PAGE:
CAESAREA

Perhaps the most dramatic biblical event in Caesarea occurred in the very theater where we now sit. Here, one morning in A.D. 44, Herod Agrippa I stood in a silver robe to give an oration, his clothing reflecting the bright Mediterranean sun. “The voice of a god and not of a man!” the people shouted, and Herod approved of their judgment. God didn’t, however, and he struck Herod with worms, with which the king died a horrible death about five days later.

caesareatheaterWe climb the crumbling stone steps of the outdoor theater and choose our seats some 15 feet above the floor. This stadium spans 300 feet across and once held 4,000 spectators. It was erected by Herod the Great as a showpiece in this city which he built about 20 B.C. then named in honor of Caesar Augustus. A few hundred yards in front of us the blue Mediterranean covers the ruins of the ancient world’s first artificial harbor. Herod’s ancient harbor boasted two breakwaters extending nearly a quarter-mile into the sea, forming a 60-feet wide entrance for cargo and military ships alike. This construction utilized blocks weighing 50 tons and more, consisting of concrete made from volcanic sand which hardened under water. Also marvelous was Herod’s stone aqueduct, later enlarged by Emperor Hadrian, which brought fresh water to Caesara over a distance of eleven miles.

 caesareaThis town, located halfway between Tel Aviv and Haifa on Israel’s western coast, played no direct role in the life of Jesus Christ, but it is an important city in the Book of Acts. Philip the Evangelist ministered here (Acts 8:40). Peter came here to preach to the Italian centurion Cornelius (Acts 10-11). The Apostle Paul was imprisoned here for a time, stood on trial here before Festus, Felix and Herod Agrippa II, and finally appealed here to Caesar in Rome (Acts 24-26). Looking in front of us now and to the right, we can almost see the ruins of the Roman judgment hall and government complex where those events transpired.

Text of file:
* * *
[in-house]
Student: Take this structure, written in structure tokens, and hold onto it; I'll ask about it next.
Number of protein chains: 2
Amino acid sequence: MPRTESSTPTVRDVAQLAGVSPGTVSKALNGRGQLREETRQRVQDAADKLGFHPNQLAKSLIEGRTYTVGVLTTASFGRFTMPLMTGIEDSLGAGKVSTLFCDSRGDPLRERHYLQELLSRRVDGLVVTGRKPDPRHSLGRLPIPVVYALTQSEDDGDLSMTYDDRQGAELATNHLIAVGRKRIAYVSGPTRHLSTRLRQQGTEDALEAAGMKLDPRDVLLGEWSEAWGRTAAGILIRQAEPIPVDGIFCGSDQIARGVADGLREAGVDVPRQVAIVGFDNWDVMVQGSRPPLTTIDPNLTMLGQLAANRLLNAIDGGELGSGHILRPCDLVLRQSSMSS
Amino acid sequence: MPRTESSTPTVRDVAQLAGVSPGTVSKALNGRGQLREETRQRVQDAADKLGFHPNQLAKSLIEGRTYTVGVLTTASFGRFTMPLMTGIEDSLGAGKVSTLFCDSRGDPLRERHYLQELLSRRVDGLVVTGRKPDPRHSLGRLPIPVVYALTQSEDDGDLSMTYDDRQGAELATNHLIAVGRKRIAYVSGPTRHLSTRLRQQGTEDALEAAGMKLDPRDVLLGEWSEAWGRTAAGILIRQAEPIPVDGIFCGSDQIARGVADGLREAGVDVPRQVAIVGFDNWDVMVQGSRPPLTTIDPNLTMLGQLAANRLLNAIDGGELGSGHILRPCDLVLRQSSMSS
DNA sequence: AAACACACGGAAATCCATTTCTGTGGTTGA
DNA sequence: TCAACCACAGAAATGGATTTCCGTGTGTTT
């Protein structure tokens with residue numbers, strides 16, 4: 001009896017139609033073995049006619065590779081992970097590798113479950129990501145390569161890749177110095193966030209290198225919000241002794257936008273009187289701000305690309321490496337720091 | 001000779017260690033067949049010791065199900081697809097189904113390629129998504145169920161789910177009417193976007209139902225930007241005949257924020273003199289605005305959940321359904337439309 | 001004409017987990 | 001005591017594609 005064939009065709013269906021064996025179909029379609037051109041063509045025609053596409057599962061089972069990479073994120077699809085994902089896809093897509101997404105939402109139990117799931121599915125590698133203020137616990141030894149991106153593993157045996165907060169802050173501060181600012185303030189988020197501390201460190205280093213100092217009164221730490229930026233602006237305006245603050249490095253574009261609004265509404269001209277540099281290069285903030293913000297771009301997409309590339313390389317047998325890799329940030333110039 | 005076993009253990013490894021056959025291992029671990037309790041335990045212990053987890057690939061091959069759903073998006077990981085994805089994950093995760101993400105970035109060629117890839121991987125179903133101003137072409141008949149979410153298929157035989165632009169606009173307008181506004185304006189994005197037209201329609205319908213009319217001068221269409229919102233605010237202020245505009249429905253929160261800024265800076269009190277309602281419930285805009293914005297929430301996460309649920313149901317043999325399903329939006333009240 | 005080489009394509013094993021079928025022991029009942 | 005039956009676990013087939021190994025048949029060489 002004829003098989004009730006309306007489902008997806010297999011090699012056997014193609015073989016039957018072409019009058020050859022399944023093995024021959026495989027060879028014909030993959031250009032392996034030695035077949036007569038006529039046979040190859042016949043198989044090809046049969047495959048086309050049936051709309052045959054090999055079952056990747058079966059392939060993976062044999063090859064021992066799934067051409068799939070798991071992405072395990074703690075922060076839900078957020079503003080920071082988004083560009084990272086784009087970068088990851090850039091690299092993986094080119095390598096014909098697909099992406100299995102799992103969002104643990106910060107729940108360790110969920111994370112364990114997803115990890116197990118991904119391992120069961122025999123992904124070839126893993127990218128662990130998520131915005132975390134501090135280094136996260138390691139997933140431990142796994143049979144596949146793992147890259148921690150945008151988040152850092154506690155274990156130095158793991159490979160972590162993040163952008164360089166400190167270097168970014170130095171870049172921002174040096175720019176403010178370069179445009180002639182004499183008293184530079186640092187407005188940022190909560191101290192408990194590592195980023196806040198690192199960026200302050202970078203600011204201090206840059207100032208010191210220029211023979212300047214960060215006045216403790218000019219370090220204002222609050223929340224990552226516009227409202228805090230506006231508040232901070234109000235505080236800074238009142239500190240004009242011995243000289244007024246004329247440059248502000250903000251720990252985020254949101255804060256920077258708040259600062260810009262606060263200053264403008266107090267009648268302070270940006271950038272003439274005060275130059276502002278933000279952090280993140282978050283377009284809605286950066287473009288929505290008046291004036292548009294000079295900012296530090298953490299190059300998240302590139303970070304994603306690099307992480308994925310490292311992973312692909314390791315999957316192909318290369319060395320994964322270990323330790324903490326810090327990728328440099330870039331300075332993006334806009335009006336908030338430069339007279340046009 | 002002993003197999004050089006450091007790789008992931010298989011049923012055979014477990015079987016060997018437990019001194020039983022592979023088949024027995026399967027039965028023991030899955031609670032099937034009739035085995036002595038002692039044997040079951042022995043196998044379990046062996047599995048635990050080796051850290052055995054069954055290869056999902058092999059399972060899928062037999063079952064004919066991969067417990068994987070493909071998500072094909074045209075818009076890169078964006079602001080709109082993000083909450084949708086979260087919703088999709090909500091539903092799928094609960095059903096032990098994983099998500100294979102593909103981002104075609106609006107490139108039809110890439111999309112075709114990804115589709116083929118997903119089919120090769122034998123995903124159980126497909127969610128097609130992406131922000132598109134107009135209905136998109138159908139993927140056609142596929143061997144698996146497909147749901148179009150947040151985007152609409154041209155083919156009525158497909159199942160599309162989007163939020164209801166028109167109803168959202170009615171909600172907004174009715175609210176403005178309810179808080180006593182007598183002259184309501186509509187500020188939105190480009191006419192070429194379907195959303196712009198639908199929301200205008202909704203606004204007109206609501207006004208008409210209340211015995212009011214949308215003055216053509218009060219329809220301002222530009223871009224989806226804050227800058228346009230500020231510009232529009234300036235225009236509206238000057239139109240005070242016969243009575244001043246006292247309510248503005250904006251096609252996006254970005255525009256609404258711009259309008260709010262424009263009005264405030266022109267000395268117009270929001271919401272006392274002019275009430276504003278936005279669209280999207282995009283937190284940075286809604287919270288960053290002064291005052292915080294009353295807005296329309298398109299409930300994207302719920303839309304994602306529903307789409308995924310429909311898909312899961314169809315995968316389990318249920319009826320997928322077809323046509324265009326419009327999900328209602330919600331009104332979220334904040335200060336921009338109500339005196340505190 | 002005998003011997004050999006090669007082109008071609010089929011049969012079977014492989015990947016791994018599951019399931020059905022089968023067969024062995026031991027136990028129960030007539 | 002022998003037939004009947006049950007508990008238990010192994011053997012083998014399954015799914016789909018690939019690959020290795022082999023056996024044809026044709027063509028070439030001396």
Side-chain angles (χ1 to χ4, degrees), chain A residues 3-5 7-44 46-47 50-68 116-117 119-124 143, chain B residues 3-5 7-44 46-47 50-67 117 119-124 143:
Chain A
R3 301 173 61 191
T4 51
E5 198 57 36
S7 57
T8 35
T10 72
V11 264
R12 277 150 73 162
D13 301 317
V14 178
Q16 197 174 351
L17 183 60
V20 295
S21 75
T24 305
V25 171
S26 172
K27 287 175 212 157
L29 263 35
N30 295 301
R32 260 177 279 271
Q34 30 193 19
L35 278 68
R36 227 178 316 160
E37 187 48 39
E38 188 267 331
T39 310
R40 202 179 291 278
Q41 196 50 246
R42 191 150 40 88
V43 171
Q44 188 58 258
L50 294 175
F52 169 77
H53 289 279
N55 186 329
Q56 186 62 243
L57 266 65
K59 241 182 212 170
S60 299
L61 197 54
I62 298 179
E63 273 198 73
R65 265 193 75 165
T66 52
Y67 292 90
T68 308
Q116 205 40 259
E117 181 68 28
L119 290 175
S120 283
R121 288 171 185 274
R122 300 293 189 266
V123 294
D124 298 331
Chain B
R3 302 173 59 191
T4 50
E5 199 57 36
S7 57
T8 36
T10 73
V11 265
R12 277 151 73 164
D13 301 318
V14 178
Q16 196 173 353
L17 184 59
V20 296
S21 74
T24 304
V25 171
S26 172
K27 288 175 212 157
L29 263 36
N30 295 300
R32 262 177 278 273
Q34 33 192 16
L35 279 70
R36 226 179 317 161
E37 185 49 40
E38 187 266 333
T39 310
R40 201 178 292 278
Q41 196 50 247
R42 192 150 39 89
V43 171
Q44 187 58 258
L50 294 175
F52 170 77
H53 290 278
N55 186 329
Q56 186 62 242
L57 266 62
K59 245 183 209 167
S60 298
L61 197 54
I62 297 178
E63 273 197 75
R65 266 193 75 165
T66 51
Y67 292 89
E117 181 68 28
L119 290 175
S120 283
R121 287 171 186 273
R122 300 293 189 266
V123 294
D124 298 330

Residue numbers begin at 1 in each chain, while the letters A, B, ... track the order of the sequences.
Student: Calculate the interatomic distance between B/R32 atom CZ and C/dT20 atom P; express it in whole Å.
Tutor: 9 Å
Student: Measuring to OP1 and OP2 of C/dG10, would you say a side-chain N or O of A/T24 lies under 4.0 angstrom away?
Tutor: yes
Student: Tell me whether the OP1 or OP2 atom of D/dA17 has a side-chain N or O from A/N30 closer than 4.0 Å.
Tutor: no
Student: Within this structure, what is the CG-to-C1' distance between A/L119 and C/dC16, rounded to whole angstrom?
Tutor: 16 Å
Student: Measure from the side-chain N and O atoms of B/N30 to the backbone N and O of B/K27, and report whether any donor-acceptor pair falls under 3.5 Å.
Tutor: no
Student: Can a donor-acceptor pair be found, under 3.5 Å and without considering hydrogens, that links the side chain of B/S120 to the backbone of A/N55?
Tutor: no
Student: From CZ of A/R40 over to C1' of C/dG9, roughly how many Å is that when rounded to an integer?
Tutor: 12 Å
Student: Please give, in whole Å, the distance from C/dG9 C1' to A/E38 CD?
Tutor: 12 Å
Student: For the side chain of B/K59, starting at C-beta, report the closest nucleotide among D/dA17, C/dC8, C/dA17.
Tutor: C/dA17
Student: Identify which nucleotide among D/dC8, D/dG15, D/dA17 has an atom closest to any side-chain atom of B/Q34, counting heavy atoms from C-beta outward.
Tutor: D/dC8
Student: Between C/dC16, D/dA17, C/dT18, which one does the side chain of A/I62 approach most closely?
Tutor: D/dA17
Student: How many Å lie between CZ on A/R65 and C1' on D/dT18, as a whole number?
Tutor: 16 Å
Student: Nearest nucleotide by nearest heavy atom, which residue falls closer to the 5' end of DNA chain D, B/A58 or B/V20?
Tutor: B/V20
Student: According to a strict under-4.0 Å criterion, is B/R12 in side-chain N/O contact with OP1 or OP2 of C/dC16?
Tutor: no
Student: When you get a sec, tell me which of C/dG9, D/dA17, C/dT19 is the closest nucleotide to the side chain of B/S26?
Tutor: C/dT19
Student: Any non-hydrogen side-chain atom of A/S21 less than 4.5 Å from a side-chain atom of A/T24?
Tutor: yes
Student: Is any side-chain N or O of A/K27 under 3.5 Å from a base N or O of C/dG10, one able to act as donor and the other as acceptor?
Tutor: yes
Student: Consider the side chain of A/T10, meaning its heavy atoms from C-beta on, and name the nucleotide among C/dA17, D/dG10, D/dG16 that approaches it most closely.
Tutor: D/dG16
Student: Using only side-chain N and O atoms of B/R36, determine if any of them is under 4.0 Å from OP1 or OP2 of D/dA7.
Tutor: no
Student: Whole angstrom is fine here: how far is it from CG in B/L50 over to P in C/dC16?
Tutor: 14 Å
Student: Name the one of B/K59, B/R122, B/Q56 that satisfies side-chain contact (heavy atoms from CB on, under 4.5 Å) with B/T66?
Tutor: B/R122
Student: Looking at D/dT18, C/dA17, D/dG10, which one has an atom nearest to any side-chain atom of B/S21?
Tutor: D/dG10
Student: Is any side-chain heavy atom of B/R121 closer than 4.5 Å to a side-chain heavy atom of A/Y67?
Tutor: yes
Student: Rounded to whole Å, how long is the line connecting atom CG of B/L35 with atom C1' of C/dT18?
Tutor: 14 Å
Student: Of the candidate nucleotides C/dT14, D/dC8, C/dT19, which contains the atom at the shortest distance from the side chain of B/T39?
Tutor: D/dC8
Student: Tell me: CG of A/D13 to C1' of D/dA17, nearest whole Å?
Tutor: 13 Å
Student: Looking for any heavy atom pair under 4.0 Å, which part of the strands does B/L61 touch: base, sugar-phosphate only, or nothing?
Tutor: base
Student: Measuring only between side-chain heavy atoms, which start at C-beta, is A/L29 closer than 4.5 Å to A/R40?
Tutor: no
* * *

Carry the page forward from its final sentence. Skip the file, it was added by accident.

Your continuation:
caesareatheater2Perhaps the most dramatic biblical event in Caesarea occurred in the very theater where we now sit. Here, one morning in A.D. 44, Herod Agrippa I stood in a silver robe to give an oration, his clothing reflecting the bright Mediterranean sun. “The voice of a god and not of a man!” the people shouted, and Herod approved of their judgment. God didn’t, however, and he struck Herod with worms, with which the king died a horrible death about five days later (Acts 12:21-23).

 

caesareaaqueductLuke begins and ends Acts chapter 12 with a pair of Greek words which, used together, mean “on the one hand and on the other.” Thus Acts 12 opens, on the one hand, with Peter in prison under round-the-clock guard, and with the church, on the other hand, praying fervently for his deliverance (Acts 12:4-5). The two sides face off, as it were, and the battle ensues. The chapter closes with Herod, on the one hand, eaten by worms and dead, but with the word of God, on the other hand, going forward and increasing (Acts 12:23-24).

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